When you travel, of course there are language differences and the differences can be amusing and get confusing for those who are not familiar with them even though they all speak English. One of the funnier ones is the use of the word “thongs” in Australia. Everywhere else in the world that refers to a skimpy underwear. In Australia it means a piece of footwear like flip-flops (USA) or jandals (New Zealand). Easy to see the confusion around that and the jokes that can and do get made about it!
I only mention this today, as I did a session as the wife’s clinic and they sell the Archie’s brand of thongs and we sold a lot today. People love them. A lot of people who are not even patients come in off the street to buy. There is a phyiso not far away who specialises in pregnancy issues and it looks like they are sending all their patients in to buy a pair. Others come in to buy them before heading to Bali for a holiday. Even the receptionist calls them “life changing”.
Why are Archies thongs so popular? They have an arch support built-in. That means those who need foot orthotics can wear them as they will not need to use their orthotics while wearing them. And those that do not need orthotics, just feel the arch support as being something that is so comfortable. You can get them online here.
POSTSCRIPT: I made this video on the Archies MOSI, which is a modification I make to them to help support some feet on some occasions more when it is needed:
Seems like an odd topic for me to be writing about here! – but it did come up this morning in our PodChatLive show with Nina Lansdowne in which we were talking about content marketing and websites for podiatrists. Part of the discussion was around what content we should be writing about on our blogs for our clinics to get more traffic and potential patients eyeballs on the websites.
Too much generic information is not going to get many people to a website. I used a keyword tool and Google to show everyone that there were a lot of searches for the words “foot corns”, so it might make sense to perhaps blog about that and get some of that traffic. However, when you go to Google and search that, the top results are places like the Mayo Clinic and WebMD. You are not going to get a look in with websites like that competing in that space.
After playing around with the keyword tool, I pointed at that there is much less traffic for the phrase “Do corns have roots?” which is what patients ask all the time and want to know about. There is also not much competition for that phrase and a topic like that might generate more traffic for a clinics website than the terms that have more searches and traffic but are more competitive. It was an interesting discussion around that topic and what to write about on our clinic websites so we show up in the search engines.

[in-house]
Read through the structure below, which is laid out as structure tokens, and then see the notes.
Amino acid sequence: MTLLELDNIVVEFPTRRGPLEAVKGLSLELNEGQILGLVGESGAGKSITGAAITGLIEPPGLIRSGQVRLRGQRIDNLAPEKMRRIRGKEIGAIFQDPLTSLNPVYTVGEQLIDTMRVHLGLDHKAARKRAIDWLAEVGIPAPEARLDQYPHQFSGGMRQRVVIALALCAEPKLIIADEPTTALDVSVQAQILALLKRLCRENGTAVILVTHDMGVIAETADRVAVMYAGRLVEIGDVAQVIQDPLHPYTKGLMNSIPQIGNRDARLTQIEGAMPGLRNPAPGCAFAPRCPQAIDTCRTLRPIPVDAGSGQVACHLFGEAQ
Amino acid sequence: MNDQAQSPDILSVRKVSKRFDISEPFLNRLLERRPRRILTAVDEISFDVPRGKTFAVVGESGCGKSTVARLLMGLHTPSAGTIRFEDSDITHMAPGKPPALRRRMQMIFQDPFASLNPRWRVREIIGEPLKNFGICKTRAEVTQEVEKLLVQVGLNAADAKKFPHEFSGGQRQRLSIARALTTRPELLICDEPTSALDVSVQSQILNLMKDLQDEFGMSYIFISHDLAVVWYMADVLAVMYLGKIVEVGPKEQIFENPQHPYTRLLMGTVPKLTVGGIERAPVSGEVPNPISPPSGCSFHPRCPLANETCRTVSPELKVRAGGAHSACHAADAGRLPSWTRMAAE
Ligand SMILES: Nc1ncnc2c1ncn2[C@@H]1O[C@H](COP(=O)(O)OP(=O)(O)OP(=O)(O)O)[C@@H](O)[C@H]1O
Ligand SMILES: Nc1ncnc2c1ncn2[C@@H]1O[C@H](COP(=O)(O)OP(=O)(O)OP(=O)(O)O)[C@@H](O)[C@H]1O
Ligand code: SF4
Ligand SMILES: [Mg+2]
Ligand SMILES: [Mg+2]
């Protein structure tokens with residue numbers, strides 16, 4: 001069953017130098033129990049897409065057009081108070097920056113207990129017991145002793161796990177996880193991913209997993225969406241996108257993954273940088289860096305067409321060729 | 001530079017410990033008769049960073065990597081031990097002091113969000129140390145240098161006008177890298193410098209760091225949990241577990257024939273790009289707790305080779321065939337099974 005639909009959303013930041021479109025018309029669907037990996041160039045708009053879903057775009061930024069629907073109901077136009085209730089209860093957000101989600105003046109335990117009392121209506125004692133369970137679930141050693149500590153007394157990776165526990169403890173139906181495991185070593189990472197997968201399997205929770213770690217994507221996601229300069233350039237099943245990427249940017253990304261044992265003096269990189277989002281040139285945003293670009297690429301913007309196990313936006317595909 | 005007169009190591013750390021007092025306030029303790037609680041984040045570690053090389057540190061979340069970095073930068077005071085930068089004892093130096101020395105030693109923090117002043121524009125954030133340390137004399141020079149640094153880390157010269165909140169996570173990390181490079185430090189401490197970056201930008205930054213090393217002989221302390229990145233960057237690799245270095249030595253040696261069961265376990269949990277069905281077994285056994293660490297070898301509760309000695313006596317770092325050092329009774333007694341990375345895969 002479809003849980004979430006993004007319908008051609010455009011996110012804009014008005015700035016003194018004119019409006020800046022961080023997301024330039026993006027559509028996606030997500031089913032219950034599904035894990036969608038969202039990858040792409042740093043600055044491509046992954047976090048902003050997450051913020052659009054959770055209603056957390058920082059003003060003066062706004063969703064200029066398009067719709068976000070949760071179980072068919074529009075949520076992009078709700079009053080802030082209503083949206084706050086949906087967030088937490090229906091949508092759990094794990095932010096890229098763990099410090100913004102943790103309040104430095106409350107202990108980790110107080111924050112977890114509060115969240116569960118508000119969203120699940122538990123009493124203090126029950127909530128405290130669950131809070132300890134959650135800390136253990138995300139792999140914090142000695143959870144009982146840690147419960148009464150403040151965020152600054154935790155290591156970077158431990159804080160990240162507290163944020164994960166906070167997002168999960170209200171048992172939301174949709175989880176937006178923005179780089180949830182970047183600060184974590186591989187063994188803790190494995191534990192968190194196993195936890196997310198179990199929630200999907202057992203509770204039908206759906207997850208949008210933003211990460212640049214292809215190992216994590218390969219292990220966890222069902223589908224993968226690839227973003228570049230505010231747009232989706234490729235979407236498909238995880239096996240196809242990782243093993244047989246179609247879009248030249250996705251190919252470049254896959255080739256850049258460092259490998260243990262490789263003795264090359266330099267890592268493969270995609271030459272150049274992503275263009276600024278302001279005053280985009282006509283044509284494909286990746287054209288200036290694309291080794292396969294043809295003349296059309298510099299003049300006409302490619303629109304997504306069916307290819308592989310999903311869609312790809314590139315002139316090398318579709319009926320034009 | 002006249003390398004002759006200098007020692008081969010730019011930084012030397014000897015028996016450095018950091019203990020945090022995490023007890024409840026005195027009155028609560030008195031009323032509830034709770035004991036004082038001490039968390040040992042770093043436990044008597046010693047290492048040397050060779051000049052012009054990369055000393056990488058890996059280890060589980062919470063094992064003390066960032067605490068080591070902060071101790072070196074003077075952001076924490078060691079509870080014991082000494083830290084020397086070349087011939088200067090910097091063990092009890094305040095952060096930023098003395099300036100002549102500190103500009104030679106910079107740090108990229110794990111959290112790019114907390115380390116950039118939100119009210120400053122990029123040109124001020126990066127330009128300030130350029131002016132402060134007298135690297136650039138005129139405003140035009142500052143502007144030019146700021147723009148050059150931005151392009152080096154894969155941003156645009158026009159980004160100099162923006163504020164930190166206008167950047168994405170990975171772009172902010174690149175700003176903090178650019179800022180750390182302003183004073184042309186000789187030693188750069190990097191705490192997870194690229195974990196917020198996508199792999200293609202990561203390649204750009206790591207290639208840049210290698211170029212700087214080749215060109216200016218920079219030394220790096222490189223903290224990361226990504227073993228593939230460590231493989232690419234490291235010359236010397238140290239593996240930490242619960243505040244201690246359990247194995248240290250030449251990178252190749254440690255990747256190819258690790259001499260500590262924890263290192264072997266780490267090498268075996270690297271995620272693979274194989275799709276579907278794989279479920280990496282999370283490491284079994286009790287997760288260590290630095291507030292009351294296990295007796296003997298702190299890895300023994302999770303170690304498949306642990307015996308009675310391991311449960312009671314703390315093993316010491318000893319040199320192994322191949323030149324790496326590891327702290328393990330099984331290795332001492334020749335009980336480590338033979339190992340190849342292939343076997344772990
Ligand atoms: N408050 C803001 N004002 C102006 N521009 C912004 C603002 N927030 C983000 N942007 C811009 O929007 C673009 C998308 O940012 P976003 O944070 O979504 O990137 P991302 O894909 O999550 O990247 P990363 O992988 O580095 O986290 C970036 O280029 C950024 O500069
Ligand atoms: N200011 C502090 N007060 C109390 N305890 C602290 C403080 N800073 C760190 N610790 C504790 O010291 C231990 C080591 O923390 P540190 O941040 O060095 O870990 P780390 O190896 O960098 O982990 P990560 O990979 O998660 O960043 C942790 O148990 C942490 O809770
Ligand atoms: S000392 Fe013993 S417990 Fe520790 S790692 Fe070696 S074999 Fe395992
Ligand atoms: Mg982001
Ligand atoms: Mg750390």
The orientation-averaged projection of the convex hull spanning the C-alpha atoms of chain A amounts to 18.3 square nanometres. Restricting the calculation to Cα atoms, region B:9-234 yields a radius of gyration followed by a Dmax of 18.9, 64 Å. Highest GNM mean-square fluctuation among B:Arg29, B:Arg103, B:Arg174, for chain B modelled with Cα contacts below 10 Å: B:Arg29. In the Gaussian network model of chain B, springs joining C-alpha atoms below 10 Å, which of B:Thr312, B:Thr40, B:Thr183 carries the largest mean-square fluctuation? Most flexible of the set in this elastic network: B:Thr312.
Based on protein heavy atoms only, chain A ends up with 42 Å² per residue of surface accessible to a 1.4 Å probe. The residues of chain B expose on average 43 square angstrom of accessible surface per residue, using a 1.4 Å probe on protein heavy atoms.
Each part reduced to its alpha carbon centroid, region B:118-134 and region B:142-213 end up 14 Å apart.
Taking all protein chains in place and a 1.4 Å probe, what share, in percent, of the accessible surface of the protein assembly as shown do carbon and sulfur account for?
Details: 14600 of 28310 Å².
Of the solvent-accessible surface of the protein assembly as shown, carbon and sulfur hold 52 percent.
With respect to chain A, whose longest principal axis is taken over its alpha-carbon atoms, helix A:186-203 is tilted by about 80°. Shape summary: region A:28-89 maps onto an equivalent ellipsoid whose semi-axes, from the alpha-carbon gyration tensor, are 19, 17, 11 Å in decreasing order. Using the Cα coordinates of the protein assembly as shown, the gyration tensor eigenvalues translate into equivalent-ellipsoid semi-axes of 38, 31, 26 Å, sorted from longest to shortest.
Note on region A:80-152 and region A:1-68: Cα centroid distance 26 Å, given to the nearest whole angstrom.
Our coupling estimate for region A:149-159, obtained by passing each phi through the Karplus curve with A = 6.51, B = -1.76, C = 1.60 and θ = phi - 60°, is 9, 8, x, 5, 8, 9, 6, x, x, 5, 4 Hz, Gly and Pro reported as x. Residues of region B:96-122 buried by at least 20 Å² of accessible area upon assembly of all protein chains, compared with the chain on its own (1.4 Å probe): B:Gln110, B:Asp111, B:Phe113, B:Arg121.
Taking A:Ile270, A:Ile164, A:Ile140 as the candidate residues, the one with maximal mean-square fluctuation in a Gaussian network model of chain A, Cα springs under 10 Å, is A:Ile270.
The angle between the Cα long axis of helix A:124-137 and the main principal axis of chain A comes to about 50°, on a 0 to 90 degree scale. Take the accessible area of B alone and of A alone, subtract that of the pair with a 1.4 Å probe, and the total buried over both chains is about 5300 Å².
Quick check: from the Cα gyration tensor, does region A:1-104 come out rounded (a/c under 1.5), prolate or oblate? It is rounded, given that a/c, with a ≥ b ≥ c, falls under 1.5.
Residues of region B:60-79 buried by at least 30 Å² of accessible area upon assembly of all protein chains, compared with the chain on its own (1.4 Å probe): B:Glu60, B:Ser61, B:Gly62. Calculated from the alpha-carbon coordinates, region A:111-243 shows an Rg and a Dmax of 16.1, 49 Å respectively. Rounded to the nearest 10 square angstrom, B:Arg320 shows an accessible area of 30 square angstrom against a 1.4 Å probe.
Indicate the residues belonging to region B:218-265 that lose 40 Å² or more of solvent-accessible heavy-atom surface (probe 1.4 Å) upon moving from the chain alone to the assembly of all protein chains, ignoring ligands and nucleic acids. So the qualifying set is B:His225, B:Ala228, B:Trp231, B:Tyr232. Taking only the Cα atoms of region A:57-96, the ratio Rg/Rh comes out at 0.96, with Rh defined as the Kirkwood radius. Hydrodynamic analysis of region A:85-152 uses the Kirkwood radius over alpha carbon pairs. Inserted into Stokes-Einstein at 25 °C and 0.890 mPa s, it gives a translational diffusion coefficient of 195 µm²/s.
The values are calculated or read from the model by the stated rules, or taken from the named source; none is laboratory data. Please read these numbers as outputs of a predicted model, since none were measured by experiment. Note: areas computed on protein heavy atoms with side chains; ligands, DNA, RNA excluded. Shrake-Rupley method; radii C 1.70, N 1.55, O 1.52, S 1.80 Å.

A phrase like “Do corns have roots?” is not sexy and not popular, but it is a question that patients want to know the answer to and do ask us, so it does make sense to blog or write about the topics that patients want to know about and might get us some eyeball on the website.
So, do they have roots? The answer here is NO they don’t.
It all started when I was in the UK and visited with Ian and his family for dinner. After dinner, Ian set his phone and we went live on Facebook to have a discussion about whatever came up. When I returned we repeated it remotely. The following week we had on a guest (Chris Bishop) and it went from there. We now have a different guest or group of guests on each week and it is free to watch and will always remain so.
Why? We like the feedback, we like the positive comments. We do not charge for it and make no money from it, so all get from it is the positive reception that it gets.
I have decided to go on a bit of a mission. The jobs section at Podiatry Arena has always been busy with lots of jobs being posted. I know from the site’s search engine statistics that the keyword ‘Podiatry Arena jobs’ is searched for often. There are many places to find podiatry jobs, with some employers going to more lengths that others to get the work out. So I have decided to take it to the next level and create a central repository for podiatry jobs world wide on the PodiaPaedia site. There have always been the My Podiatry Jobs and the Podiatrist Jobs websites, but neither of them have really taken off.
What I want to do is create “THE” one stop resource for all things ‘podiatry jobs’. The one place the employers and prospective employees can go to to find a good listing of almost all podiatry jobs going … well, at least that is the plan.
If you see it anywhere, please head over and support it.